Originally published January 21 2015
Why the next financial crash will cascade quickly: Most Americans have no savings for any emergency
by J. D. Heyes
(NaturalNews) As a growing number of pundits and financial analysts claim that the United States economy is finally taking off and that nothing but quarterly growth is projected for the foreseeable future, they either are ignorant of one basic fact about Americans' personal economic well-being or are being willfully misleading.
As noted by global financial analyst website Zero Hedge, one underlying sign that "the growing U.S. economy" is having little effect on the most basic levels is the fact that savings rates among most Americans is abysmal -- likely because the rising cost of living has far outpaced income growth:
While various CNBC anchors may be willing to say that the US is "growing gangbusters" yet again confusing the liquidity-oozing equity markets with the economy, there are a couple hundred million Americans who would bet to differ (which incidentally may also explain why the Comcast channel no longer wishes to have its viewership calculated by Nielsen): the reason is that according to the latest Bankrate survey released [recently], more than three in five Americans don't have money in their savings accounts to cover any unexpected bills such as a $500 car repair or a $1,000 emergency room visit.
Most could not cover unexpected expenses without sacrifice or borrowing
Indeed, as the Bankrate survey notes, slightly more than one-third of respondents -- 38 percent -- said they had enough money in the bank and elsewhere to handle the most mundane of spending emergencies. Most of the rest said they would either have to take on new debt to cover such expenditures or cut back spending somewhere else.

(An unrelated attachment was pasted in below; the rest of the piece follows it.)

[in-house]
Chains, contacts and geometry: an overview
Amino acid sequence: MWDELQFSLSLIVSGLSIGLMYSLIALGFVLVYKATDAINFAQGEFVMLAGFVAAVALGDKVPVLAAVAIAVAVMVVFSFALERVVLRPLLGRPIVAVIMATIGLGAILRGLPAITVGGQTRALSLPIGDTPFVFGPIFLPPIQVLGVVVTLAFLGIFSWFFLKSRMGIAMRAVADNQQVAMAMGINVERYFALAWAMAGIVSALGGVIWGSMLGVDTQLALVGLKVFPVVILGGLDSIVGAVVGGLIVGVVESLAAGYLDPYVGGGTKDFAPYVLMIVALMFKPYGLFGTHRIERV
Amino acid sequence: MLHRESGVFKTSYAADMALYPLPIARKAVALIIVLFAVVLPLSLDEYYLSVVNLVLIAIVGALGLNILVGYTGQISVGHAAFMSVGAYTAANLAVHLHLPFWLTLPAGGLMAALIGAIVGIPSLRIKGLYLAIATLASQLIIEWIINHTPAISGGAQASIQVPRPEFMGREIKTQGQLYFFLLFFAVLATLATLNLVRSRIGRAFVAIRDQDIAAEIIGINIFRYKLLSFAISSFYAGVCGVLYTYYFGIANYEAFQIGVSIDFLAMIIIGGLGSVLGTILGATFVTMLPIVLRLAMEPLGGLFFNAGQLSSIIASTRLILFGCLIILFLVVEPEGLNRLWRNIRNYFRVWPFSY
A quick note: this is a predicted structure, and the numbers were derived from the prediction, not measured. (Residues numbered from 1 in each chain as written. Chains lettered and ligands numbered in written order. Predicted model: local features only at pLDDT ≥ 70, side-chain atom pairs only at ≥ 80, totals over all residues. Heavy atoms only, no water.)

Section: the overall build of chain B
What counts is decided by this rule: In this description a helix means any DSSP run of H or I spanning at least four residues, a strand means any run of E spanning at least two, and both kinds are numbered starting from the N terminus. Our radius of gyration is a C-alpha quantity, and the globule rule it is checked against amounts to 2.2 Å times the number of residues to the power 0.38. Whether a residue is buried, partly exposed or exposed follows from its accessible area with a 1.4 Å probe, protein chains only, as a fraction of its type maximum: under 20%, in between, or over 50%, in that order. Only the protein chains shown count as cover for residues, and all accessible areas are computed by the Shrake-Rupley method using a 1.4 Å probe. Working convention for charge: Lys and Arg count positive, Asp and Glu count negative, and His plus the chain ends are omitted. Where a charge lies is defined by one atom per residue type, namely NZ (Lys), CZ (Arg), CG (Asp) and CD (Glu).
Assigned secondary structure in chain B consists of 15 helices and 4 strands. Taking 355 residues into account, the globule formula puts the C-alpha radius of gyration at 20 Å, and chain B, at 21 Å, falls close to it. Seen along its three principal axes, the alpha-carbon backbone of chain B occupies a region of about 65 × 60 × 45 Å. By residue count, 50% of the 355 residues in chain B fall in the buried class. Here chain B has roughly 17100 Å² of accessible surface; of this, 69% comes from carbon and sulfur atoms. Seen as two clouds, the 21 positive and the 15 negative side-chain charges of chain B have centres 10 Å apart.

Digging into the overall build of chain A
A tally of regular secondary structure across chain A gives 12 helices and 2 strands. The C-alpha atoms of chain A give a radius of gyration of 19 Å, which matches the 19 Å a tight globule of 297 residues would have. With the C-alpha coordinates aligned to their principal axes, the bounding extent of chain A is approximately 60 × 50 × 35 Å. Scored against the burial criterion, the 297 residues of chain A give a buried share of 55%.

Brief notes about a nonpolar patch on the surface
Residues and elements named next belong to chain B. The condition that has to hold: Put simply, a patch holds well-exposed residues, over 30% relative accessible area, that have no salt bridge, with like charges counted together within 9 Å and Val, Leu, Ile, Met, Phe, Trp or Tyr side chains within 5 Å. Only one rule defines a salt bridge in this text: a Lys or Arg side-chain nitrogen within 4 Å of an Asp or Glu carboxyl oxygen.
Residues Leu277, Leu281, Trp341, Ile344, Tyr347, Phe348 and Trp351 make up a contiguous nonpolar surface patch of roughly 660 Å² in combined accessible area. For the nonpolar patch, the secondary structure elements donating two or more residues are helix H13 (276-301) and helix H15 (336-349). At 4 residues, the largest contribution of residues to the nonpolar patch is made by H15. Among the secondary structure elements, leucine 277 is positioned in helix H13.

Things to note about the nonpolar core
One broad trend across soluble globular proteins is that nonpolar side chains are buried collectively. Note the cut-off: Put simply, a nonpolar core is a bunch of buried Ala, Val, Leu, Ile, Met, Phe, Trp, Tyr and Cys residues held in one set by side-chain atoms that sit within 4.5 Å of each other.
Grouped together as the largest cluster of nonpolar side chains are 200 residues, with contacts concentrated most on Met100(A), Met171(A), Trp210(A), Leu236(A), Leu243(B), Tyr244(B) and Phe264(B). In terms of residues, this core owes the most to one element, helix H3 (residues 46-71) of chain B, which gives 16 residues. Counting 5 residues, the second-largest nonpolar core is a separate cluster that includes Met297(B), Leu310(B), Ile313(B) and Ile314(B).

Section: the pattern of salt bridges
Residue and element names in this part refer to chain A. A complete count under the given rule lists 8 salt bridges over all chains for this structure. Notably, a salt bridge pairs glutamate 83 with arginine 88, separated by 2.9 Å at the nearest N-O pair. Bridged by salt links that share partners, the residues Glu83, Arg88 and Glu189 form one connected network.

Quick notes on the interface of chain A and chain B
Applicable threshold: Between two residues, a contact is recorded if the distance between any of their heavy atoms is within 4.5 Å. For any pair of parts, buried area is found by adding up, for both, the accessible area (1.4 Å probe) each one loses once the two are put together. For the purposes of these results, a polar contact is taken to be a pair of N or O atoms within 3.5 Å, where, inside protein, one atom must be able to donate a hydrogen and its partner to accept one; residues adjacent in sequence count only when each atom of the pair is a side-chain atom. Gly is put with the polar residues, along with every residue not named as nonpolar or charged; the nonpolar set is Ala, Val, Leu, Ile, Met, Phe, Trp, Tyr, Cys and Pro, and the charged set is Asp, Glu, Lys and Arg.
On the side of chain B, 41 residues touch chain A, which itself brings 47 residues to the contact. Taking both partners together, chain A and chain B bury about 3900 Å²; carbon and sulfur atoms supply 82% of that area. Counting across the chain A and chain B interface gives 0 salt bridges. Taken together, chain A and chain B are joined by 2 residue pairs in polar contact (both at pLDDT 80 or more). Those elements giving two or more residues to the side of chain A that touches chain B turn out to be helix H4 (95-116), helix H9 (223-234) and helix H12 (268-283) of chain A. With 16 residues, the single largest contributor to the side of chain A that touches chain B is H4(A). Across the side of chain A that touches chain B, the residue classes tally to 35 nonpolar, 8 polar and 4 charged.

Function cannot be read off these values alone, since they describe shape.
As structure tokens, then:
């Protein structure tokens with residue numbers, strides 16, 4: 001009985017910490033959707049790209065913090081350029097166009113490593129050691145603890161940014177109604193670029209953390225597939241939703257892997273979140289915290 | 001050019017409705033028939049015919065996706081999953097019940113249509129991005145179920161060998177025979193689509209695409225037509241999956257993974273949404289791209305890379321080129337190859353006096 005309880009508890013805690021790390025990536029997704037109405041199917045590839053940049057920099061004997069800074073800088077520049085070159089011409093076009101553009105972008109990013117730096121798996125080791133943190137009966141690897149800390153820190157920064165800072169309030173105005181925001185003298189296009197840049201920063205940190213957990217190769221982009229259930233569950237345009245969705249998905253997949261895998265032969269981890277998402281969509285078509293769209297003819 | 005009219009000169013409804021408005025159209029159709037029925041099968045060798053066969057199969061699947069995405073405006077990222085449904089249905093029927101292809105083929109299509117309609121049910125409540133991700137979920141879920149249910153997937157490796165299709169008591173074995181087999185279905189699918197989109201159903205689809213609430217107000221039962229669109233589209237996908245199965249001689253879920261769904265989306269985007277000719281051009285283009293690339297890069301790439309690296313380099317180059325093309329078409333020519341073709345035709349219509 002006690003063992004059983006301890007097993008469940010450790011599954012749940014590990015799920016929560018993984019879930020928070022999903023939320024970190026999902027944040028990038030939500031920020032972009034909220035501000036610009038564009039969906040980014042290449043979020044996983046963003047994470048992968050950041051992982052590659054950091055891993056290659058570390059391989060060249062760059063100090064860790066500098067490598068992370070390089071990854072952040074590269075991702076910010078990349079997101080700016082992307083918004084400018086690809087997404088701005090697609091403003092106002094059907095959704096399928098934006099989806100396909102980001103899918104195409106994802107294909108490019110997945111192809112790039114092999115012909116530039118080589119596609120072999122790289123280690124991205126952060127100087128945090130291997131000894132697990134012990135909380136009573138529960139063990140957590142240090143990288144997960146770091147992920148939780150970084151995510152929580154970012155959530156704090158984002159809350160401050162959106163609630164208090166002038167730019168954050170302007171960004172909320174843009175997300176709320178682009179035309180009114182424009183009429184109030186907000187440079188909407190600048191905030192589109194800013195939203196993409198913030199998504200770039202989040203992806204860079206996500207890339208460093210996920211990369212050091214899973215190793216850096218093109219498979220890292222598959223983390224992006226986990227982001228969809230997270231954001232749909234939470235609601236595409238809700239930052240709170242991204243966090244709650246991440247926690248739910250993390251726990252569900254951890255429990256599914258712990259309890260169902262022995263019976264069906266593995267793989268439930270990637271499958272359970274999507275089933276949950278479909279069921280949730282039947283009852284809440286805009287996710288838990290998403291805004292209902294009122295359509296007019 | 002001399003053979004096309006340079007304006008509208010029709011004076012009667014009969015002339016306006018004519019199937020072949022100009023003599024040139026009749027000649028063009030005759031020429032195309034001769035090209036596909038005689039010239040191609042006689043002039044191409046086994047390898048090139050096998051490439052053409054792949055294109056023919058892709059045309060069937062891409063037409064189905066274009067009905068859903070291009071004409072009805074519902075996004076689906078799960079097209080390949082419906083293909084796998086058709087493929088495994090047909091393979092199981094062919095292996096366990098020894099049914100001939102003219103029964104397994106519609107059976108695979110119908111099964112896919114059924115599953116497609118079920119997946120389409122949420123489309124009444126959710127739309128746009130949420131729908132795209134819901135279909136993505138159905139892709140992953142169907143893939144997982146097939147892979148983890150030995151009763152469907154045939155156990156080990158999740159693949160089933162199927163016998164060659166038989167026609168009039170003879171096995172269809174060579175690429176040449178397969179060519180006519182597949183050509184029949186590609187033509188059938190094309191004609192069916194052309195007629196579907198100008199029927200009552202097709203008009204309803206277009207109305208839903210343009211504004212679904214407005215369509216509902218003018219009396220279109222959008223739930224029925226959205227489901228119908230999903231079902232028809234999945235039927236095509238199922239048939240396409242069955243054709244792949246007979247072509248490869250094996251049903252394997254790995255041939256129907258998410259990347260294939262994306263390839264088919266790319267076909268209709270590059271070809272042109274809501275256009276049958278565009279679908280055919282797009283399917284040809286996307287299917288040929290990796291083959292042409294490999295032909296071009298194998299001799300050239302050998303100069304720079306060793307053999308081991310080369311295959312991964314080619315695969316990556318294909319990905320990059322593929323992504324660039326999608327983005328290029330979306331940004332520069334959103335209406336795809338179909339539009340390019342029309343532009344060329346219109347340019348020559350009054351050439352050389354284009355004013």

In all, according to the Bankrate survey:
-- 38 percent said they could pay the expense from savings;
-- 26 percent said they would have to reduce spending to pay for the expense;
-- 16 percent said they would have to borrow from family or friends;
-- 12 percent said they would be forced to use a credit card; and
-- 8 percent responded that they would pursue "other" means to pay the expense.
The Wall Street Journal (WSJ), citing the Bankrate survey, reported:
The weak safety nets appear to stand in contrast to the survey's finding that 82% of Americans keep a household budget.
"A solid majority of Americans say they have a household budget," Bankrate banking analyst Claes Bell said, according to WSJ. "But too few have the ability to cover expenses outside their budget without going into debt or turning to family and friends for help."
Zero Hedge noted that, based on the data, it was clear that most Americans have no more than a month or two worth of cash reserves and are actually living paycheck to paycheck -- not really a surprise, when you consider historical trends.
"Inquiring minds want to know"
What is surprising, the site noted, was that the biggest reason why the U.S. economy was portrayed as being as strong as it was during the second and third quarters is "because the Bureau of Economic Analysis decided to revise U.S. household income lower and spending higher, not once, but twice..."
That resulted in a boosting of third-quarter gross domestic product higher to 5 percent, but only because the BEA estimated that U.S. savings rates were reduced by $140 billion by September 30, the end of the third quarter - a 20 percent reduction in the estimated savings amount held by American consumers.
"Which begs the question: just which savings are Americans said to have drawdown by $140 billion more than in initial estimates: the ones they don't currently have or the ones they can't ever hope of having?" Zero Hedge stated. "Inquiring minds want to know."
As a side note, personal savings rates skyrocketed in the wake of the Great Recession but by 2012, according to The Huffington Post, began falling again.
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